IN HIS inaugural address, Donald Trump vowed to shun globalism and follow a policy of America First. “We do not seek to impose our way of life on anyone,” Trump said, “but rather to let it shine as an example. We will shine for everyone to follow.” His statement captured the division over American foreign policy since the founding of the republic, though it may be wondered whether Trump himself is closely acquainted with this divide. He has, after all, declared his unfamiliarity with the tenebrous origins of America First, which was once the rallying cry of a motley crew of isolationists and anti-Semites who opposed American entry into World War II. Trump’s embrace of the slogan, however, has revived a fundamental question that Americans have confronted since the founding. Should the United States intervene abroad to promote liberty and prosperity? Or should it look inward, focusing on rebuilding at home?
Despite its aversion to becoming entangled in European affairs, the republic, for much of its early history, largely adhered to Talleyrand’s famous maxim pas trop de zèle —not too much zeal. While many contemporary neocons might like to bid farewell to Washington’s Farewell Address, it had a lasting impact. Thus, in 1821, when Greek revolutionaries sought to overthrow Ottoman rule, Secretary of State John Quincy Adams warned against American intervention. He admonished that America should not go
in search of monsters to destroy. She is the well-wisher to the freedom and independence of all. She is the champion and vindicator only of her own. She will commend the general cause by the countenance of her voice, and the benignant sympathy of her example.
Over a century later, Walter Lippmann, who had drafted the Fourteen Points for Woodrow Wilson, sounded a sober note in his 1943 book U.S. Foreign Policy: Shield of the Republic that was far removed from his youthful Wilsonianism:
We must consider first and last the American national interest. If we do not, if we construct our foreign policy on some kind of abstract theory of rights and duties, we shall build castles in the air. We shall formulate policies which in fact the nation will not support with its blood, its sweat, and its tears.
For all the talk of crusades during the Cold War, it was, by and large, a pragmatic realpolitik that prevailed, leavened by periodic calls for democracy and human rights abroad. There was no rollback of Communism. Instead, a de facto sphere of influence obtained in both Europe and Asia. Germany and Korea were each divided. The sixteenth-century European dictum— Cuius regio, eius religio —prevailed. Confrontations with the Soviet Union were mostly indirect and confined to the Third World, where the United States, more often than not, backed ideological freebooters and launched coups, whether in the Middle East, Africa or Central America. The essential mantra of the Cold War, for both superpowers, was stability, even as they sought to nudge the correlation of forces in their own favor.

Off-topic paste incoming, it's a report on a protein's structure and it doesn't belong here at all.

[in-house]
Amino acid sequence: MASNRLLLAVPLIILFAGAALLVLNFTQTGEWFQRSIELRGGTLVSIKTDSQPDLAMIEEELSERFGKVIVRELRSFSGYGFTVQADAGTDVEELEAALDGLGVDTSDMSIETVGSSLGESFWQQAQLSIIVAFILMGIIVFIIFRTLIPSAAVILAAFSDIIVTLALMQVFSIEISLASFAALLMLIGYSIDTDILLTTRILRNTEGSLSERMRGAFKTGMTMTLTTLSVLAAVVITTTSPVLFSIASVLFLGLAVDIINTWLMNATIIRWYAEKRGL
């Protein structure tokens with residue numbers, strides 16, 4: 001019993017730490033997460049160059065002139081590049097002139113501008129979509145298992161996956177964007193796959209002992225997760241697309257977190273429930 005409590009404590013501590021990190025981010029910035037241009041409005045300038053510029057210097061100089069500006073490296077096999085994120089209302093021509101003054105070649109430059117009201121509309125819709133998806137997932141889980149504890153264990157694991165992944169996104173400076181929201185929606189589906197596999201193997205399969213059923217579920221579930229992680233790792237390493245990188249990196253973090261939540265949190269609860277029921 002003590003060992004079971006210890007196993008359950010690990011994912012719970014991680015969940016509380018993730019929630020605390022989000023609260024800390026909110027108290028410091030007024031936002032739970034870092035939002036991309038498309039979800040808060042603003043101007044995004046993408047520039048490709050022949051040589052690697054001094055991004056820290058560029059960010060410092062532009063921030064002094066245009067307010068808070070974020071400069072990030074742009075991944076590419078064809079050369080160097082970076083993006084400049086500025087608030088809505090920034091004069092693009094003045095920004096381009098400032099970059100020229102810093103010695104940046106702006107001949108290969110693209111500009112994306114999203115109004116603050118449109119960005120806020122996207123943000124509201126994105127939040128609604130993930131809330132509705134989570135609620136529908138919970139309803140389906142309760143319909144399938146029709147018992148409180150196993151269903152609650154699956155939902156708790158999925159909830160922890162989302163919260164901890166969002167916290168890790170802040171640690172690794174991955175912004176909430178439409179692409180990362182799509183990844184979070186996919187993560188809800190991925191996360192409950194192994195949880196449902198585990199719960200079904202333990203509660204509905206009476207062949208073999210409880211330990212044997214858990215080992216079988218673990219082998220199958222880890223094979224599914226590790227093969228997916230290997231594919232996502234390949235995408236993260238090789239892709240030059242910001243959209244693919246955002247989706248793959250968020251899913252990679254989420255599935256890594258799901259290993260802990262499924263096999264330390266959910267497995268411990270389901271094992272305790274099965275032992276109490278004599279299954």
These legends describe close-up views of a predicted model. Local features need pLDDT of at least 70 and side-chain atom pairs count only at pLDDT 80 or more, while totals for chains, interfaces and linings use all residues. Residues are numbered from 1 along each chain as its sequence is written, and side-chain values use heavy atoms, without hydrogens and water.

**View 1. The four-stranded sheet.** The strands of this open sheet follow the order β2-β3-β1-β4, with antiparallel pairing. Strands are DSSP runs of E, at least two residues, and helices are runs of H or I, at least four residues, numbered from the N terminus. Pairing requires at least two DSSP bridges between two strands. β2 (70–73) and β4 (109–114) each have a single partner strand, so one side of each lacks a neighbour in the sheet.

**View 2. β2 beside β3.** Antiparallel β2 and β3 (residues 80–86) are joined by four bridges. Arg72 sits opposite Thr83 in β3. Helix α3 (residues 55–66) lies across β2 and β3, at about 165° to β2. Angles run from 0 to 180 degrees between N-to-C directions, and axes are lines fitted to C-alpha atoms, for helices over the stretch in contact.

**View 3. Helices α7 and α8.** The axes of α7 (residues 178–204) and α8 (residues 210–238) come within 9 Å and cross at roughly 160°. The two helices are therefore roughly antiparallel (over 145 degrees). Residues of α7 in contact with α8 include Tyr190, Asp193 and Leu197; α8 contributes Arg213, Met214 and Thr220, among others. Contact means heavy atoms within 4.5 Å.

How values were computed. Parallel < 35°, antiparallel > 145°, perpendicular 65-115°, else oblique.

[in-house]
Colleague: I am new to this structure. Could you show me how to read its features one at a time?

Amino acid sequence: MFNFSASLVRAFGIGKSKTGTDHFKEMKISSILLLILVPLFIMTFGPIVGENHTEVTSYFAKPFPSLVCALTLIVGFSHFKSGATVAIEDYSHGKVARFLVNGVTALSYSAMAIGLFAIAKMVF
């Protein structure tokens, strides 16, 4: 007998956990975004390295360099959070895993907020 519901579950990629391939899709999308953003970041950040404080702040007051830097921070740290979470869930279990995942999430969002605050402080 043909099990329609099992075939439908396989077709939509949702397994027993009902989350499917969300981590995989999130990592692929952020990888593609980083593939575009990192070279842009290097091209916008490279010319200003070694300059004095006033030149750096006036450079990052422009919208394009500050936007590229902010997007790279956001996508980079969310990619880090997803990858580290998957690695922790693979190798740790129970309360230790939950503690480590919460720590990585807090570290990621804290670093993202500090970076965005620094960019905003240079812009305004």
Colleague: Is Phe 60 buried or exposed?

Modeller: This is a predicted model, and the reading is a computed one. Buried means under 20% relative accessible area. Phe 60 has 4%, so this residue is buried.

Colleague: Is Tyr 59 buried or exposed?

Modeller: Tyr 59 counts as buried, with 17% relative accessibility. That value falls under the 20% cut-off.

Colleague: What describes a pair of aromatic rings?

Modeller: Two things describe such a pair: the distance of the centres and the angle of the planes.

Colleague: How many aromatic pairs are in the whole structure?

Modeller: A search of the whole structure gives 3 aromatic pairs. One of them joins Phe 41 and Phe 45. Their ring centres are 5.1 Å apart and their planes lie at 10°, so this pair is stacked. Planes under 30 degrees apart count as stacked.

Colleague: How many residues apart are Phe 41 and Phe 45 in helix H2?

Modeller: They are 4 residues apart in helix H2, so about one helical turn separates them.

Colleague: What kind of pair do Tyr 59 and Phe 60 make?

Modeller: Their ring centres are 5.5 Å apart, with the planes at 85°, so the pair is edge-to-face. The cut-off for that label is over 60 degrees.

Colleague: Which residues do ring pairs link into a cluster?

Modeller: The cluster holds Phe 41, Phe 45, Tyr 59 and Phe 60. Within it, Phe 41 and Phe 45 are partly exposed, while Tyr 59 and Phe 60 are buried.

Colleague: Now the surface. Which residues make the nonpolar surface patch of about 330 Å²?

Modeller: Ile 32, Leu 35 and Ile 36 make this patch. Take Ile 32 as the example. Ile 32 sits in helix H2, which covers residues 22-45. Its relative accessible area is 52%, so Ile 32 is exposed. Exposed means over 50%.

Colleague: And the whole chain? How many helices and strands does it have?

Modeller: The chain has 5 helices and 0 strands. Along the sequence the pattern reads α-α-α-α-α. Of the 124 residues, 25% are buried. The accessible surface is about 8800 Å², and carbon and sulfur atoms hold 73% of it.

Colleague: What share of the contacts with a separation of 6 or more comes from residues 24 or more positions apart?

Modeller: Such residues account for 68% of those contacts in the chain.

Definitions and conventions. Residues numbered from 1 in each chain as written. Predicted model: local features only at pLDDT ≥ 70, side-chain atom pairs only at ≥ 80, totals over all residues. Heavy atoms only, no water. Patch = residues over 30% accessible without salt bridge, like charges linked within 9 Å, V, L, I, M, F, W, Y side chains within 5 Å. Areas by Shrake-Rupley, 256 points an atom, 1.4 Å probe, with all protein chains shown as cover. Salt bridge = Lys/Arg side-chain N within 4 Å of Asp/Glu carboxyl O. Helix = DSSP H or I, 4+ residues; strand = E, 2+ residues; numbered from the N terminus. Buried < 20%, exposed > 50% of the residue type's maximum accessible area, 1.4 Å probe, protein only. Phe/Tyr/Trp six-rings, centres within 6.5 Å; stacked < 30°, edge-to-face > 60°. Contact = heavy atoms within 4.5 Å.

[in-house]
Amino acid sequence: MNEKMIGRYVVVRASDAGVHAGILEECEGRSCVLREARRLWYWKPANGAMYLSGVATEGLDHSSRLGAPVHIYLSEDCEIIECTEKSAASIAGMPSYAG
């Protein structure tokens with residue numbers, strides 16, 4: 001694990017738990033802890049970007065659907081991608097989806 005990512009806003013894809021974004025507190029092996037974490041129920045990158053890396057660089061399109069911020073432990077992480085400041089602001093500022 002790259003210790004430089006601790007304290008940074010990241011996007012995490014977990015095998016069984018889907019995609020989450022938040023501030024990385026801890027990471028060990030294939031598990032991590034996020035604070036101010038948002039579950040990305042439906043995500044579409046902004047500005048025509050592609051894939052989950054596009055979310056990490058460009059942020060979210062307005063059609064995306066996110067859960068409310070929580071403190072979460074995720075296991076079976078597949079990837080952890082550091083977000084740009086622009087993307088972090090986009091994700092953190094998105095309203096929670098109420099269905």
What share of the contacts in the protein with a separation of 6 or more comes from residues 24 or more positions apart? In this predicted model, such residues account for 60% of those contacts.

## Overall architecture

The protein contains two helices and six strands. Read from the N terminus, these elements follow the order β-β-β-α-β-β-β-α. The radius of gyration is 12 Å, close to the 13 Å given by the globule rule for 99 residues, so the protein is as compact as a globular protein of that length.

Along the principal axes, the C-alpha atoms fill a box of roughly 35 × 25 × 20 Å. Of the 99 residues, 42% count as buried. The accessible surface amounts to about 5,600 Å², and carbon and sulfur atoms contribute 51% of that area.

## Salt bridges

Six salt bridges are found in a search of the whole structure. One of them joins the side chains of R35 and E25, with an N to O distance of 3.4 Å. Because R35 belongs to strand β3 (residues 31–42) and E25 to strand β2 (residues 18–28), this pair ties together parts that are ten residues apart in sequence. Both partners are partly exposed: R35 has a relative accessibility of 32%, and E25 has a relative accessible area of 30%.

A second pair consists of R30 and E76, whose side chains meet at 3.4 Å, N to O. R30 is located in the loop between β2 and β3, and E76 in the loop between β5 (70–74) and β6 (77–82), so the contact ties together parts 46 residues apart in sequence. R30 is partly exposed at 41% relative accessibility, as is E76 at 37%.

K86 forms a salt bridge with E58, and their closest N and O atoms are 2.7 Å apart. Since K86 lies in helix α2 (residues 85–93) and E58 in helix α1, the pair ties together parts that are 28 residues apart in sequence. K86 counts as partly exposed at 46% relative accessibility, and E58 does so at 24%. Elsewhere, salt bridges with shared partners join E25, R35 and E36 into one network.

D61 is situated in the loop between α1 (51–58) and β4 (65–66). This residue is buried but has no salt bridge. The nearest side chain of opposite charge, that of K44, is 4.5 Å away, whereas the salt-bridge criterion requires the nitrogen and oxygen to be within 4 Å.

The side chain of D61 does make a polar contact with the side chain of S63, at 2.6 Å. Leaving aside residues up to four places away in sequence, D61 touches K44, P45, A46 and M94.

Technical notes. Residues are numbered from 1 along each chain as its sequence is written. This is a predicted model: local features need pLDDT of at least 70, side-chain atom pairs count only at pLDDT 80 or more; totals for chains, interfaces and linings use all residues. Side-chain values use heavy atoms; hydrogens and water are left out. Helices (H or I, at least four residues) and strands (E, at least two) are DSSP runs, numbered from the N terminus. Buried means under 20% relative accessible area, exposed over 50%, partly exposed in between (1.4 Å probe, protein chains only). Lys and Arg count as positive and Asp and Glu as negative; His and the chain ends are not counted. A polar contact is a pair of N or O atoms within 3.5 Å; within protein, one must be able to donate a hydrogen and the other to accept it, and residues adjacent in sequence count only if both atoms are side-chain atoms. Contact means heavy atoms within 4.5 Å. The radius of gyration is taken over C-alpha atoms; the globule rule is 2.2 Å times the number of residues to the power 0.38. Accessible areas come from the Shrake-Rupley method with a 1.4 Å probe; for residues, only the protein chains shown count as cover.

After the fall of the Berlin Wall in 1989, however, a triumphalist narrative emerged in Washington in which any caution about the deployment of American power was cast aside. Stability was out. Revolution was in. The controversy about America’s destiny was really initiated by Francis Fukuyama, whose essay “The End of History?”—the question mark is often forgotten—appeared in the Summer 1989 issue of the National Interest . Owen Harries, TNI’s founding editor, and himself a realist thinker, used Fukuyama’s essay to jump-start the magazine, though he, like Irving Kristol, the publisher, can scarcely have agreed with it. Harries went on to commission a series of lively essays from prominent intellectuals and journalists, ranging from Irving Kristol to Charles Krauthammer, from Nathan Glazer to Patrick J. Buchanan, about America’s purpose in the world. After appearing in the magazine, the essays were collected and published in 1991 in a book called America’s Purpose . The clash between realism and neoconservatism was clearly illuminated. But in retrospect, it is abundantly clear that the neocons won the war almost without firing a shot.
Emboldened by the unexpected demise of the Soviet Union, neoconservatives and liberal-internationalist hawks made common cause, first over war in the Balkans, then in Iraq. This consolidation of neocons and liberal hawks had been foreshadowed in a 1990 essay by Charles Krauthammer in the National Interest called “ Universal Dominion: Toward a Unipolar World .” In it, Krauthammer said that America’s purpose was obvious. He called for a confederated West that would inexorably spread its values around the world. Krauthammer wrote that its creation would require “the conscious depreciation not only of American sovereignty, but of the notion of sovereignty in general.”
Even more expansive were the claims of liberal internationalists such as Thomas Friedman who saw a new age of globalization dawning—and ignored the fact that Europe had never been more unified than on the eve of World War I. Their catechisms about globalization carried echoes of the Communist Manifesto :